Those are the memes of the Islamic clergy and of the Christian clergy which has lost the power to implement them.

On the other hand, the clergy of Dharmic traditions had a different role. It would be unrealistic to believe that they would not have a business model. Being humans all need to eat to live. In Dharmic traditions, people are encouraged to give Dana and Dakshina. It is voluntary. Dakshina is given to a priest for some service rendered, usually for some Yagya, or it is given to the Guru in the form of Gurudakshina. Those who well-off are encouraged to give charity to the poor and clergy in the form of Dana. It is ALL voluntary! It is NOT a tax.

In Dharmic traditions there is no concept of Divorce. Unlike Abrahamic clergy, there is no lever here for the Hindu clergy to use. It is prescribed how a man and a woman ought to live in marriage, and the clergy does not appropriate any right to judge how the marriage is progressing. In India, this has without any friction become the privilege of the secular government.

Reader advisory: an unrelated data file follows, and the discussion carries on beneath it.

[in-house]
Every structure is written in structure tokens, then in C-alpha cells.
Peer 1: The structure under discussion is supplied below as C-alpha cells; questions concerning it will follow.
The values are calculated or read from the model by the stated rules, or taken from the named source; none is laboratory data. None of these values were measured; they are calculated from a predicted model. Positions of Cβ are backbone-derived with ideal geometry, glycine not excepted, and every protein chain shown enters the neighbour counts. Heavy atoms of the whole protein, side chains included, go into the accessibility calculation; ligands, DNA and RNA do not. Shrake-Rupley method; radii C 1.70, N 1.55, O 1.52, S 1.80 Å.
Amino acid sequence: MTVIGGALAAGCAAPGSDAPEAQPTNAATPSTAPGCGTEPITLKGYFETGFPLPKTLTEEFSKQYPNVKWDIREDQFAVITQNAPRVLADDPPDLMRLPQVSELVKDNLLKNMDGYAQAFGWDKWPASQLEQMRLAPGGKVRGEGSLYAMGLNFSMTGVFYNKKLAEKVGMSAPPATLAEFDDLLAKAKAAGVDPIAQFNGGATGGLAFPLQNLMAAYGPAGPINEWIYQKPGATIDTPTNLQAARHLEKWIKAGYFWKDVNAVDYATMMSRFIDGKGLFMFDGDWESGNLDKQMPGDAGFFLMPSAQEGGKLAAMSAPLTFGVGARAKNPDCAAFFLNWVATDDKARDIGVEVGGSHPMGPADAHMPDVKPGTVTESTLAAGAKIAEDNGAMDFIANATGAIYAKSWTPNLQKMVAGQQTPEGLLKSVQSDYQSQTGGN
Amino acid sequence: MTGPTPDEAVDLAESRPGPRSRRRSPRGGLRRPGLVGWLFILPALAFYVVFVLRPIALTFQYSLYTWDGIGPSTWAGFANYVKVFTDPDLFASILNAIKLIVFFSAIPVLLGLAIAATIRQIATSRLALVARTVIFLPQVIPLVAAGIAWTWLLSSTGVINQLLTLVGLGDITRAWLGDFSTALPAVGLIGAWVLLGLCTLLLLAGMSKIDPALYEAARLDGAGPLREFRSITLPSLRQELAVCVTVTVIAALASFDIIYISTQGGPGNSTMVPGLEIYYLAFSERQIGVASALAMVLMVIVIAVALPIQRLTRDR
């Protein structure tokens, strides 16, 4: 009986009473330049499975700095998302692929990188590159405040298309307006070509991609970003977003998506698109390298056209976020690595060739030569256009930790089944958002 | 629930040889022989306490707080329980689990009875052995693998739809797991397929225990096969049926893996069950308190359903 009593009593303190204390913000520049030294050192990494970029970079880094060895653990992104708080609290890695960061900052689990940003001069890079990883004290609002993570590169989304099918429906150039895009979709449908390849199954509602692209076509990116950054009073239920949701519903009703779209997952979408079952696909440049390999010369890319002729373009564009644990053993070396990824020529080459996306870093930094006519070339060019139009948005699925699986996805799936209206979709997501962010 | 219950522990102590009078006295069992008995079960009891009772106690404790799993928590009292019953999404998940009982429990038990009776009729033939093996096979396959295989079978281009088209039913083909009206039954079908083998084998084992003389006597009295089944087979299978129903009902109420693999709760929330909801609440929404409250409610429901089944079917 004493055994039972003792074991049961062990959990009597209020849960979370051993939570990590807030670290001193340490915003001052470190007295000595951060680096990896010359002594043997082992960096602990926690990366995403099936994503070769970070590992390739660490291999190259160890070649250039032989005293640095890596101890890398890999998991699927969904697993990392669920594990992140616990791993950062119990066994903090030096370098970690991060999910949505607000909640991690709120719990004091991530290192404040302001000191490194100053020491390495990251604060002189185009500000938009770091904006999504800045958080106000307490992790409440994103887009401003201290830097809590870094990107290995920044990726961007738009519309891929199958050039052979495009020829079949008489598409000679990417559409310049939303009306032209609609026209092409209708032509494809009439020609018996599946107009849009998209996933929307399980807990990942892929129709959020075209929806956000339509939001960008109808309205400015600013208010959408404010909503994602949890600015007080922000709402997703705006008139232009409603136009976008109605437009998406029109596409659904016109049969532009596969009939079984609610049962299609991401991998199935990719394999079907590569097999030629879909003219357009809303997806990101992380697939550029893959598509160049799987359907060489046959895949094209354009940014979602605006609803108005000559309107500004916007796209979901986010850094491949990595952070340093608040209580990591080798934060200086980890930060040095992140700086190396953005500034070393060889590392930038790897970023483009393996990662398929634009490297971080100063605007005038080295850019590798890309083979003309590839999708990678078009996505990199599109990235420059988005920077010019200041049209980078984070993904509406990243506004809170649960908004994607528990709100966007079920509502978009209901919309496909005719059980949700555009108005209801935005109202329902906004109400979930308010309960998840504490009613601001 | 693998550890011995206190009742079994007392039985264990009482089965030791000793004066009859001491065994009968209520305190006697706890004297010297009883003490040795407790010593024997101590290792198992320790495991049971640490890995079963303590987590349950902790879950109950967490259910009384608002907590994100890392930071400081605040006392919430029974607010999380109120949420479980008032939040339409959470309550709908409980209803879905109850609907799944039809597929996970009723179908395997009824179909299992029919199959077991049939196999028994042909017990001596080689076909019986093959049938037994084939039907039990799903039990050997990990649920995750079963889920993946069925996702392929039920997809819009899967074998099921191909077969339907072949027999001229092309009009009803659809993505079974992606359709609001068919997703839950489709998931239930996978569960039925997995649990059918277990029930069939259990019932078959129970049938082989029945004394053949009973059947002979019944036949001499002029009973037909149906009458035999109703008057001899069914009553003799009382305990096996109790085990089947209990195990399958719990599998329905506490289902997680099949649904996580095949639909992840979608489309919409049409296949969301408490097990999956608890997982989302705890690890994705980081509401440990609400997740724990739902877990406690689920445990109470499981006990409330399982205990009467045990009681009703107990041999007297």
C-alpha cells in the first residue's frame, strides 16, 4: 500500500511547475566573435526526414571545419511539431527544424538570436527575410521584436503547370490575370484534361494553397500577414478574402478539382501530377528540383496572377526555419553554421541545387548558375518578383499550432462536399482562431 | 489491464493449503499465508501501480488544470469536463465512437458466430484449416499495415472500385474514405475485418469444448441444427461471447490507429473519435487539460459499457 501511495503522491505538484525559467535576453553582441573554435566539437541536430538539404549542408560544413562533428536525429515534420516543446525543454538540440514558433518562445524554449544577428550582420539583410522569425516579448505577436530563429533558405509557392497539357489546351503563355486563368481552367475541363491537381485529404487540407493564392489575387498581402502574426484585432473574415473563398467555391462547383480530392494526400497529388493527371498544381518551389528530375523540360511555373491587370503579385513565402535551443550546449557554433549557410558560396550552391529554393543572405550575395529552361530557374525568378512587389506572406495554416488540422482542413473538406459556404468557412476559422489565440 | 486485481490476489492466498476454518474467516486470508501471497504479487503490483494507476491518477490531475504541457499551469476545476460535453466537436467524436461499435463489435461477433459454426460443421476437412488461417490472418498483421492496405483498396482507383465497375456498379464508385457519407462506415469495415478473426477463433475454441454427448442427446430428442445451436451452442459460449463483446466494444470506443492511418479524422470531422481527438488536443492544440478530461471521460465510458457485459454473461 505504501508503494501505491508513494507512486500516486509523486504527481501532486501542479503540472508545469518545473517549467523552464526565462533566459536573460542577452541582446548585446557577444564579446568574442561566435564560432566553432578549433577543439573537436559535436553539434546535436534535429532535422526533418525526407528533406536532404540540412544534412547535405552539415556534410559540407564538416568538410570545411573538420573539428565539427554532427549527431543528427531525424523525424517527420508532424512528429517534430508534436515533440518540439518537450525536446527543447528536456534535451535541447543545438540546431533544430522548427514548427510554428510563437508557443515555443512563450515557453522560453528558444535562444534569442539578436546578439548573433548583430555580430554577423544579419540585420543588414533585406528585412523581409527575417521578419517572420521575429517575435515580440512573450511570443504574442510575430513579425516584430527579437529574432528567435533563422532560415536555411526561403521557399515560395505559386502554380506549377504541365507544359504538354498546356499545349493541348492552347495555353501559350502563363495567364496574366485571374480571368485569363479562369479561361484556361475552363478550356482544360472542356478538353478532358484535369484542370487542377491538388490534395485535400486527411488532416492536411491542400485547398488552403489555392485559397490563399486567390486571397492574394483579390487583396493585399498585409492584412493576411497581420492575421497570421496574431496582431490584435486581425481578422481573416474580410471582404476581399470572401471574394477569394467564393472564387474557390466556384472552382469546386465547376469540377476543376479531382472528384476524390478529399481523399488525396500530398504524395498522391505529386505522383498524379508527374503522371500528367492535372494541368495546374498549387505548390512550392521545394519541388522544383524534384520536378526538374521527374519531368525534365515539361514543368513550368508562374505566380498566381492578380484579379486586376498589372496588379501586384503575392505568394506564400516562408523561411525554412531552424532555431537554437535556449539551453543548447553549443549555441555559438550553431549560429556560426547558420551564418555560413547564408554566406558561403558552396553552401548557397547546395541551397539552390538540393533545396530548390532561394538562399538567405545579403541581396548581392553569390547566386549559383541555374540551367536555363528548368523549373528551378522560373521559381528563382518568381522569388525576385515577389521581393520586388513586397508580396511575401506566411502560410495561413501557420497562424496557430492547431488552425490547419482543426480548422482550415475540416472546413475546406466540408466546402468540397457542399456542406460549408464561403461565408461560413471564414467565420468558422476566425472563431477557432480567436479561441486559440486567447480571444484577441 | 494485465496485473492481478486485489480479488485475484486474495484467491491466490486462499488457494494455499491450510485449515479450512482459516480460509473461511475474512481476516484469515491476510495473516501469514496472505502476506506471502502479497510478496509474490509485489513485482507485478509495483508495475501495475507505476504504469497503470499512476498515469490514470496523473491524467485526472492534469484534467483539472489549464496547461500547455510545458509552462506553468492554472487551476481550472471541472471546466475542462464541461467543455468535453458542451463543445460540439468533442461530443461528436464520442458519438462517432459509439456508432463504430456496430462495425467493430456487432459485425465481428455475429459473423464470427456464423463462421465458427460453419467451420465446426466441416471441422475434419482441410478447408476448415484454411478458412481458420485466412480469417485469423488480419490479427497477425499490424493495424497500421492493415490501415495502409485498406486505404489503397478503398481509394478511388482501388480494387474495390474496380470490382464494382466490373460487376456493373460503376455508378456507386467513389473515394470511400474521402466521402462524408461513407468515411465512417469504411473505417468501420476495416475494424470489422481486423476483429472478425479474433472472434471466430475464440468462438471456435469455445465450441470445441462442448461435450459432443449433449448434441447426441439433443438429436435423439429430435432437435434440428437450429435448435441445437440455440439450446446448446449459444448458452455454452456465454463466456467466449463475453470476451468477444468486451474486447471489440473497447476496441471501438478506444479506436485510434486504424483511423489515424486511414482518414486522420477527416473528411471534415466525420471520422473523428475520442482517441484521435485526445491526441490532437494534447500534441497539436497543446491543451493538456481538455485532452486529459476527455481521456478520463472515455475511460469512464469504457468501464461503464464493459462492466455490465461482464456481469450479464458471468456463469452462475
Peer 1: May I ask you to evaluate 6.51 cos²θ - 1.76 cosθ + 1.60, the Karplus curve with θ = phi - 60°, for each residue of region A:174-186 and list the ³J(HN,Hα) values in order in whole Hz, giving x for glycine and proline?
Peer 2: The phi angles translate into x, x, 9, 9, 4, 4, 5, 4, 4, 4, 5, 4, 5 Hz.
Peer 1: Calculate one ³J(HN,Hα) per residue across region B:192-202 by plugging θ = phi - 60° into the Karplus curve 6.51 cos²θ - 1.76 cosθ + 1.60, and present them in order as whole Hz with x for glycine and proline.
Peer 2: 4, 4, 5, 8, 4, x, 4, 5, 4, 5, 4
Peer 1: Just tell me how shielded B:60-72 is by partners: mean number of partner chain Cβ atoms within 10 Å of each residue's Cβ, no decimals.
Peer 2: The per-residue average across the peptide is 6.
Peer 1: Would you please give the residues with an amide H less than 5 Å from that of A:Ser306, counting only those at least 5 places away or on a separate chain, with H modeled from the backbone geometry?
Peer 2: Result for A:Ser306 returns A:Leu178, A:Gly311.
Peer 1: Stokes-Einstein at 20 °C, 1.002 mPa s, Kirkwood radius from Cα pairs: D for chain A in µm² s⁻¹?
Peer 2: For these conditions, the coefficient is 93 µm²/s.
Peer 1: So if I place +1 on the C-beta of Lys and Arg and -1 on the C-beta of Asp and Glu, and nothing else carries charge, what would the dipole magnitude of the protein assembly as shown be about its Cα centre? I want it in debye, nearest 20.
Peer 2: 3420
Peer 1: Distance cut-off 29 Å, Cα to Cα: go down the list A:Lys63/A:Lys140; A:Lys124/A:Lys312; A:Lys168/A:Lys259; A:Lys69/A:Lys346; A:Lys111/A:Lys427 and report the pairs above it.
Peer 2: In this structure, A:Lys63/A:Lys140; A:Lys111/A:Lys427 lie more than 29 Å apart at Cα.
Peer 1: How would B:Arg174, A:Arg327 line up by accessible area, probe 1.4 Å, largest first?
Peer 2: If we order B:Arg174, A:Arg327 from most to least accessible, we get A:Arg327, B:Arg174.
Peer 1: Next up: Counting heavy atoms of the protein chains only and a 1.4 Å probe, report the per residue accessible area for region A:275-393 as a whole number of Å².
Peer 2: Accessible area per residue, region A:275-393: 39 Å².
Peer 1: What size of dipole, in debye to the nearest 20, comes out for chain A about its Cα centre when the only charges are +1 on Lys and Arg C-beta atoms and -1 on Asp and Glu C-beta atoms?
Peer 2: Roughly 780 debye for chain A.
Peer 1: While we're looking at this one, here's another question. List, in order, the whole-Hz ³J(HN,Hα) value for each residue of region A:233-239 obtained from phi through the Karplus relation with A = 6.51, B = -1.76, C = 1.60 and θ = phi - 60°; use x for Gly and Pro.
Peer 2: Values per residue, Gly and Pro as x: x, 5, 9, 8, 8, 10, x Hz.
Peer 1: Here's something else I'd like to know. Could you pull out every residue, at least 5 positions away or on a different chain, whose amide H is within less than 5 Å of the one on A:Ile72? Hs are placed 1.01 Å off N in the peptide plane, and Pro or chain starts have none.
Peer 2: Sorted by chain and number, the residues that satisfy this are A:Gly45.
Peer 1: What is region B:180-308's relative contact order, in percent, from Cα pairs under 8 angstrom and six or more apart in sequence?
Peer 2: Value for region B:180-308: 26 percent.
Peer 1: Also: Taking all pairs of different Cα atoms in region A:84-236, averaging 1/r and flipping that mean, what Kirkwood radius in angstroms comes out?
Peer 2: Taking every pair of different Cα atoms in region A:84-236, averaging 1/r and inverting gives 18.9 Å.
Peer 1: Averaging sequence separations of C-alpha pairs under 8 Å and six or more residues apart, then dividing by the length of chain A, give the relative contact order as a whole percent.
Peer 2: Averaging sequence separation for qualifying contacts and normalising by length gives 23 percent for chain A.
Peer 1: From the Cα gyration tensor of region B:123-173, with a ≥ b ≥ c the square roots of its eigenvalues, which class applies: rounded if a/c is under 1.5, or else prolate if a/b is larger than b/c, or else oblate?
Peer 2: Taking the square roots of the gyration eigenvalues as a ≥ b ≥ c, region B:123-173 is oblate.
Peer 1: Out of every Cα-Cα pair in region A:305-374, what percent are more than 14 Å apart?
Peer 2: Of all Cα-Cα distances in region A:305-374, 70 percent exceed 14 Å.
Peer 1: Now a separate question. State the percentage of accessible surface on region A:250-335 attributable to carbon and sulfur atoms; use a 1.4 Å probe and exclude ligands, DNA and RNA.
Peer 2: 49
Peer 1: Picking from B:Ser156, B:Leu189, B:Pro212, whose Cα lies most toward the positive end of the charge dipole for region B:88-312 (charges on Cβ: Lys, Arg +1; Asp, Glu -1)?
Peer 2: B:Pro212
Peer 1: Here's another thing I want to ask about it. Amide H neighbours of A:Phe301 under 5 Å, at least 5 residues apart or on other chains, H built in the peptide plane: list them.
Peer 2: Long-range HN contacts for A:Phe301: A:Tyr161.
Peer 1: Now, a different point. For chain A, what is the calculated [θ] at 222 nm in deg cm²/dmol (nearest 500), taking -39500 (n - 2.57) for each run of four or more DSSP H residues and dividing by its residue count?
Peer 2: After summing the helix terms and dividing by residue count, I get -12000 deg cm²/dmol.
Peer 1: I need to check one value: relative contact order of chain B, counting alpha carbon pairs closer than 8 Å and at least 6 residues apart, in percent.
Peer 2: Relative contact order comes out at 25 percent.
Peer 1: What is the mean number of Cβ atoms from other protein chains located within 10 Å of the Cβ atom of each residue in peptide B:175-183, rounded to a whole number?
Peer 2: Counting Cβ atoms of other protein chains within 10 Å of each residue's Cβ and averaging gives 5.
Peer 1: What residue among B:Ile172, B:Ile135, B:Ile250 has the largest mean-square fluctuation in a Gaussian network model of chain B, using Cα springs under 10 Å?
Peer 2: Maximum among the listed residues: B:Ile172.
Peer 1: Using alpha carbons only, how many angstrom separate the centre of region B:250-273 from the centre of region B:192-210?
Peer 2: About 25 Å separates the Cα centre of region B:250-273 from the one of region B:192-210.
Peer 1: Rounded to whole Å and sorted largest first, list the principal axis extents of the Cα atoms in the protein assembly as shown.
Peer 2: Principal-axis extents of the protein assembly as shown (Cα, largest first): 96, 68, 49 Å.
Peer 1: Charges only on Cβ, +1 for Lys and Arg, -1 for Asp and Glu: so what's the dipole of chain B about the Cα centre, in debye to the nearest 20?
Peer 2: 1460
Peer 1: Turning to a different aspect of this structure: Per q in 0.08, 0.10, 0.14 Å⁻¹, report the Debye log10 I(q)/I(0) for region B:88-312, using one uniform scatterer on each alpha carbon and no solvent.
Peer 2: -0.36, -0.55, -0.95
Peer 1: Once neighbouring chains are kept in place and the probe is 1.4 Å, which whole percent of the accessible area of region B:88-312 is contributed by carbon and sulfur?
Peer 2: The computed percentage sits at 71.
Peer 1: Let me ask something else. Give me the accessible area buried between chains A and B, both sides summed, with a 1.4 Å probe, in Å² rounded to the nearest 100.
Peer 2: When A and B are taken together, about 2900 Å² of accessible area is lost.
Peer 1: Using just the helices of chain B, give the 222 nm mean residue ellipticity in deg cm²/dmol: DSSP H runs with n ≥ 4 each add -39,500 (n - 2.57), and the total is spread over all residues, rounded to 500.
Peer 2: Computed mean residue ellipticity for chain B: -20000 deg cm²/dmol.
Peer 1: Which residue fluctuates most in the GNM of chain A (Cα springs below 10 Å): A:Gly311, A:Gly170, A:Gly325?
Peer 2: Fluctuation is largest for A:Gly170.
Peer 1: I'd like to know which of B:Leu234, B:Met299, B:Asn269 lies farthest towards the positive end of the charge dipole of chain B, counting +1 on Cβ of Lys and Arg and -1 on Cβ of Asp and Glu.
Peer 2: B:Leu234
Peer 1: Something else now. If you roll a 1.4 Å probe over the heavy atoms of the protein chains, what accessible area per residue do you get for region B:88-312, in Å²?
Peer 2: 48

So the clergy in Dharmic traditions is there to perform yagyas, render lifecycle services but does not purport to control the life of the individual and to demand his allegiance based on that power.

Most importantly in Dharmic society, the clergy does not act as the judiciary and has no saying over any laws. They can comment if any law provides for the freedom to exercise a Dharmic lifestyle, but they will not be judging people on their guilt and innocence. The Karmic Cycle takes care of that in case the ruler abdicates his responsibility.

Islamic clergy is attuned to control and trade in social acceptability. In Dharmic traditions clergy's only role is in providing religious services, caretakers of rituals in places of religion and providing education, and they depend on compensation for those services and charity.